11 anti-Netanyahu protesters arrested at Jerusalem demonstration

Ramming attack attempted at Jerusalem protests · Suspect arrested and investigated

DEMONSTRATORS PROTEST the government’s handling of the coronavirus pandemic, in Tel Aviv on July 18. (photo credit: AMIR COHEN/REUTERS)
DEMONSTRATORS PROTEST the government’s handling of the coronavirus pandemic, in Tel Aviv on July 18.
(photo credit: AMIR COHEN/REUTERS)
The driver behind an alleged attempting ramming attack at the protests against Prime Minister Benjamin Netanyahu had his arrest extended by three days on Monday morning.
As Israelis finished up with Rosh Hashanah festivities from lockdown, thousands of protesters headed to Prime Minister Benjamin Netanyahu’s official residence in Jerusalem to demonstrate against Netanyahu’s position in government after his indictment for fraud, bribery and breach of trust, as well as the government’s mishandling of the economy amid the coronavirus crisis.
Some 11 protesters were arrested for allegedly disturbing the peace and assaulting police officers.  
At around 9 p.m., a driver of a private vehicle raced toward protesters in his car, almost ramming into them. He hit the brakes at the last moment and was arrested. Police have taken him in for investigation.
At first, the driver refused to cooperate with the investigators, but later explained to them that he did not intend to crash into protesters, but rather to explain how the coronavirus works to the prime minister. Shortly thereafter, he was found to be under the influence of drugs.
The protesters were separated into capsules per the new increased coronavirus restrictions in the country. Groups of protesters were pulled together. Police representatives, however, expressed concern that they would not be able to enforce the capsule rule and that the only real rule that they could enforce in such a crowd is the wearing of masks.
“Israel Police prepared fencing in Paris Square [by the Prime Minister’s Residence] to create separation and to allow demonstrators to protest in capsules in order to maintain their health,” Israel Police announced on Saturday evening.
Police announced that the regulations for protests state that from 9:30 p.m. noise using air horns, drums, and other forms of percussion and noise-making are prohibited. From 11 p.m. and on, the use of amplification devices such as speakers and megaphones are prohibited.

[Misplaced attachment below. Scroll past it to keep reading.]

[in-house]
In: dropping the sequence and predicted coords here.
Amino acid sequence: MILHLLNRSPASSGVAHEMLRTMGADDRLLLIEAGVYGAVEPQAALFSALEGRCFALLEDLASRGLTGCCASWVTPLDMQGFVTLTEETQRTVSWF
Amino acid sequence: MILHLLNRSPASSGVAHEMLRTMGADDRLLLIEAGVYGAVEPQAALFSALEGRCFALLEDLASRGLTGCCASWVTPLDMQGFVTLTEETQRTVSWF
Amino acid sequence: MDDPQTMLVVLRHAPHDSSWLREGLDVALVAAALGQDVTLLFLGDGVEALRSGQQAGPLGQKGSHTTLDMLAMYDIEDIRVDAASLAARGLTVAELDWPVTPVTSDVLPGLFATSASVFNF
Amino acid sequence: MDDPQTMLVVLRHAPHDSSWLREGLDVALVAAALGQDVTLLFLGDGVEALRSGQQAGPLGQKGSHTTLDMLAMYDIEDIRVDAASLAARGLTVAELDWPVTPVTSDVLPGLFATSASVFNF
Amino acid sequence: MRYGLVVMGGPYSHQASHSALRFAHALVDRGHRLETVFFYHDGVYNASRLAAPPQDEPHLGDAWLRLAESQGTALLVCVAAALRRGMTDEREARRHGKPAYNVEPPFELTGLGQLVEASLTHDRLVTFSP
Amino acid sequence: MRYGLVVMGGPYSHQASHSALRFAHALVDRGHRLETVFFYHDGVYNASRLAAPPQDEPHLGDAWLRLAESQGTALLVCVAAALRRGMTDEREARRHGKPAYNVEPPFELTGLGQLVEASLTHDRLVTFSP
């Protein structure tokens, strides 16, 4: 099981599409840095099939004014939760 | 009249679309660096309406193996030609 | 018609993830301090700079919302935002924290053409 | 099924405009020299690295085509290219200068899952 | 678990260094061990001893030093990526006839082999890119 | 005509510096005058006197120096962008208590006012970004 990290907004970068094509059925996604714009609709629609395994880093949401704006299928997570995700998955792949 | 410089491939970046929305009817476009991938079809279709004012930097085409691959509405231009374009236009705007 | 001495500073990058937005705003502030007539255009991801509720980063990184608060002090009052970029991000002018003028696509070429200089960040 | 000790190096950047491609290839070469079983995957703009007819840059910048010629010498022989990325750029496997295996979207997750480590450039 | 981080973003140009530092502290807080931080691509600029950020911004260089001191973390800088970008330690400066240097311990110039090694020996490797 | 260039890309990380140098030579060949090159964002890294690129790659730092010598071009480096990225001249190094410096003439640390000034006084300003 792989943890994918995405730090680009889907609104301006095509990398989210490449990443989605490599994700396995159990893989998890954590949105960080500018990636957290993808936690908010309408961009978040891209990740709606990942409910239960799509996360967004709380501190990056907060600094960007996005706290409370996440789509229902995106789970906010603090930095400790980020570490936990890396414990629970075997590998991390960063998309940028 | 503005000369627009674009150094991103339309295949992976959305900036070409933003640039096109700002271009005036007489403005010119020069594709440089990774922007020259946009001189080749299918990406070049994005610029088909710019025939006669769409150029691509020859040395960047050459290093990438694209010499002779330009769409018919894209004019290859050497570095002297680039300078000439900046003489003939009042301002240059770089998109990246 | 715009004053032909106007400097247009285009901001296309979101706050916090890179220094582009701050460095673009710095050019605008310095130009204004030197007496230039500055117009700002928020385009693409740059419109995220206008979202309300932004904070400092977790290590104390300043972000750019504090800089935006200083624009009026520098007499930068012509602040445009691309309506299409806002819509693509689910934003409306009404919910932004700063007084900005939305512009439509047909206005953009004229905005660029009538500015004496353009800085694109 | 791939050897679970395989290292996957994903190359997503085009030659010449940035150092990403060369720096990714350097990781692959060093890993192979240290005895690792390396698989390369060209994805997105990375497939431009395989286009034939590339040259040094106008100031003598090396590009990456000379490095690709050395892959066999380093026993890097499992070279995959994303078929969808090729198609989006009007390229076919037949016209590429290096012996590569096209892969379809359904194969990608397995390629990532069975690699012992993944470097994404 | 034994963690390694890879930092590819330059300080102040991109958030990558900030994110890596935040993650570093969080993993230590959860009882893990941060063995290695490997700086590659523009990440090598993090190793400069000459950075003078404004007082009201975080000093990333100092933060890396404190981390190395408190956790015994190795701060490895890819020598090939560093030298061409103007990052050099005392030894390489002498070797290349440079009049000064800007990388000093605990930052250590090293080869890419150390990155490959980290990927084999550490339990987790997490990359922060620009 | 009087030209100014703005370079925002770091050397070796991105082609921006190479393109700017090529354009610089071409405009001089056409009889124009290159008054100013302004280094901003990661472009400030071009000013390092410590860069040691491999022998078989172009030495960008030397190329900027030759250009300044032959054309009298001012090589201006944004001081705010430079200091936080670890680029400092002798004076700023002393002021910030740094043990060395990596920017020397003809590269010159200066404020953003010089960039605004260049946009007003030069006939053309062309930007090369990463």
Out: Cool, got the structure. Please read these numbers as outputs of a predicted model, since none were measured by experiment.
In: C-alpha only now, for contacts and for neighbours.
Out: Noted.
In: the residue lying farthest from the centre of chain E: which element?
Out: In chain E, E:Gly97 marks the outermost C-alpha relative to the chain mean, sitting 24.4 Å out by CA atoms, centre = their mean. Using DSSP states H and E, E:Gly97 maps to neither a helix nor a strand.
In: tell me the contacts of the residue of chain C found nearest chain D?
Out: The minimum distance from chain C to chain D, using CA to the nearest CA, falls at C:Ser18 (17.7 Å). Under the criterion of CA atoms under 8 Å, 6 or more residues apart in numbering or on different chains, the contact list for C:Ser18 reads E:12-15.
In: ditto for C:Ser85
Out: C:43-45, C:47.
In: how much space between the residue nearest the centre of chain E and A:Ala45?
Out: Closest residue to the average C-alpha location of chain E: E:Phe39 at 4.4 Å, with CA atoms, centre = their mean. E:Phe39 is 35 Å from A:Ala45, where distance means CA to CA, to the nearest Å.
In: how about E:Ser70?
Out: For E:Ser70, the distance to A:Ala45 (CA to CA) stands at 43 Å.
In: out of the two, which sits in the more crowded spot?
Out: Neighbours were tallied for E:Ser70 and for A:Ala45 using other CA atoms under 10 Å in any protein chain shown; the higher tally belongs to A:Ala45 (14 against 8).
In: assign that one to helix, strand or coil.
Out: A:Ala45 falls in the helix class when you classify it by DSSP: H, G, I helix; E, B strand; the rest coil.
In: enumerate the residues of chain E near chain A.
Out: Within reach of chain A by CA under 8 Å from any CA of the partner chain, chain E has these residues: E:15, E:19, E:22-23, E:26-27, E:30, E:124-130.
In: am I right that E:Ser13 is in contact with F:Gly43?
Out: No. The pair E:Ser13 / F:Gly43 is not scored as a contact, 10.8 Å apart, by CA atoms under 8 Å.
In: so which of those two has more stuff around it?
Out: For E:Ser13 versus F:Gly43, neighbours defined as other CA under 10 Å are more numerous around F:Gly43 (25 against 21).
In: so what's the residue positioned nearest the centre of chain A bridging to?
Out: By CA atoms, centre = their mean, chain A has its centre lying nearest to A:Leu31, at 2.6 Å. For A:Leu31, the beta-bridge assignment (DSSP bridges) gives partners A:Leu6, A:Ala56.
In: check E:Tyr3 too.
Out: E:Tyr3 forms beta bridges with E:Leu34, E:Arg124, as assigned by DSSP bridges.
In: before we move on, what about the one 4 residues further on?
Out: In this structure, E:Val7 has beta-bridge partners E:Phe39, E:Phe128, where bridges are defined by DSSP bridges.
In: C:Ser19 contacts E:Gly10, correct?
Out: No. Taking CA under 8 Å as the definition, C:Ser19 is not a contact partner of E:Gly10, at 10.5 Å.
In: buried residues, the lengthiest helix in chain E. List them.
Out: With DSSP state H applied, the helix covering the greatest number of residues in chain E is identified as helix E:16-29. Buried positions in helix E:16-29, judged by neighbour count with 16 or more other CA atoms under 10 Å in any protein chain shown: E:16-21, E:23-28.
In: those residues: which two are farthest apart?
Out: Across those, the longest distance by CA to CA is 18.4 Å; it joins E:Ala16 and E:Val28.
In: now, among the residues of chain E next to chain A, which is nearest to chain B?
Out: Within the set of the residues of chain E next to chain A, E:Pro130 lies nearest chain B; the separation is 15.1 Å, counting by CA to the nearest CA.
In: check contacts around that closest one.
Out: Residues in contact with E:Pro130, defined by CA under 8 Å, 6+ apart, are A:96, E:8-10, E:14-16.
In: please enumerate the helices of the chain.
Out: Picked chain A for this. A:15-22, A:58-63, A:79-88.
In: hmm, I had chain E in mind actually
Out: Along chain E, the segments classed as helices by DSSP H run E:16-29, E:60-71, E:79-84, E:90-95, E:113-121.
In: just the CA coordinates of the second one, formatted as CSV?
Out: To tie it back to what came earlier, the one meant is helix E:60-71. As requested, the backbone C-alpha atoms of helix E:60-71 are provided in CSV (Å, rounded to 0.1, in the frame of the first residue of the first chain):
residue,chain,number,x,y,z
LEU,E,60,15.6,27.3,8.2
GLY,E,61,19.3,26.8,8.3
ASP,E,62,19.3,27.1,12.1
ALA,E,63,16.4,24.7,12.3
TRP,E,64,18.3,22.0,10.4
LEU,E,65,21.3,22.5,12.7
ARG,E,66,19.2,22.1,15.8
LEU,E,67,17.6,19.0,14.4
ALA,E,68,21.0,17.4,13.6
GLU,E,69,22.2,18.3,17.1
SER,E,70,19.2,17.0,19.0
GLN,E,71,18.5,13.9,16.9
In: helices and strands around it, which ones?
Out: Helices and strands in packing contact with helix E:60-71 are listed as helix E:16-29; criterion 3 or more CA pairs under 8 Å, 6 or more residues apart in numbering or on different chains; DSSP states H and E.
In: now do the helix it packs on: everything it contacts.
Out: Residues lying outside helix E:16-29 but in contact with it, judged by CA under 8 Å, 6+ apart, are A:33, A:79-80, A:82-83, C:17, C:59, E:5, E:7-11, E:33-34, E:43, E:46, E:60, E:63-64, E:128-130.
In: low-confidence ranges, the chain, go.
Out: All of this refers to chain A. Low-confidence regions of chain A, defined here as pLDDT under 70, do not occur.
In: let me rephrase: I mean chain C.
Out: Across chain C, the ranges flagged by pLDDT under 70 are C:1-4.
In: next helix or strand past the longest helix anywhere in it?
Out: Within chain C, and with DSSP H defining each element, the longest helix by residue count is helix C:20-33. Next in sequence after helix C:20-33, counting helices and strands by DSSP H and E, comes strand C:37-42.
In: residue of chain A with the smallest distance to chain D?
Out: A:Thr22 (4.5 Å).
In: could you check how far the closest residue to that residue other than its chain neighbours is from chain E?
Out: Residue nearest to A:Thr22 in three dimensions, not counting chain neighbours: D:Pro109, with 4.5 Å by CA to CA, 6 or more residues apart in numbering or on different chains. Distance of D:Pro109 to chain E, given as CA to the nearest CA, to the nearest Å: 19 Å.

The protests were heavily criticized for being the only form of mass gathering permitted amid the current strict coronavirus regulations in the country.
Amir Haskel, one of the organizers of the protests and the face of the movements, said that the protests on Sunday night were “a test of our struggle” and to what extent protesters would be able to keep the required restrictions in such conditions.
Early arrivals to the protests used chalk to mark two meter distances throughout Paris Square and along Balfour Street to mark where protesters should stand in order to follow coronavirus restrictions.
All protesting organizations announced on Saturday that they would be keeping coronavirus restrictions and following all of the instructions of the Health Ministry.
“Demonstrations are the lifeblood of democracy,” Crime Minister, one of the protesting organizations, announced on Sunday morning. “We all have a fantastic record of keeping the protesters healthy every week and there is no sign of morbidity at the demonstrations. We hope the police, which has squished us like sardines until now, will help and move back and take back its blockades to allow us to spread out.”
A handful of Black Flags protests took place at bridges and junctions throughout the country. In addition, hundreds of protesters gathered in front of Netanyahu’s private residence in Caesarea.
The chairman of the Movement for the Quality of Government, Eliad Shraga, spoke at the Caesarea protest, addressing the recent passing of US supreme court judge Ruth Bader Ginsburg, who had passed away two days prior on the eve of Rosh Hashanah.
“Ruth Bader Ginsburg passed away and we may learn from her what determination is, and the audience here is no less determined than she was,” Shraga said. “Even if you are the minority, you are still right, that we should believe in the righteousness of the way and that we need to continue and hold the torch of liberty.”
The Black Flags Movement – another anti-Netanyahu protesting organization – published a statement about the effective lockdown by Prof. Yoram Yuval, head of University of Haifa’s Brain Institute for Emotion Research at the School of Social work. He is a psychoanalyst, psychiatrist and neuro-researcher.
“Do not try us, Mr. Prime Minister,” he wrote. “All of us here – Jews and Arabs, haredim and secular people, Left and Right, and even your most dedicated supporters – we all stopped believing you.”
He concluded, “The terrible days are upon us, and there is no atonement for what we have done: the people’s trust in the leadership is a strategic asset of the State of Israel, perhaps its most valuable asset, and you have systematically destroyed it. The Israelis are not stupid or undisciplined – they just stopped believing in you.”
Protests until now have been held regularly around the weekend, with the biggest protests occurring on Saturday evenings, both along bridges and junctions throughout the country, but also outside of the prime minister’s official and personal residences. However, as this past Saturday was a holiday weekend, the 13th consecutive Saturday protest was postponed to Sunday evening.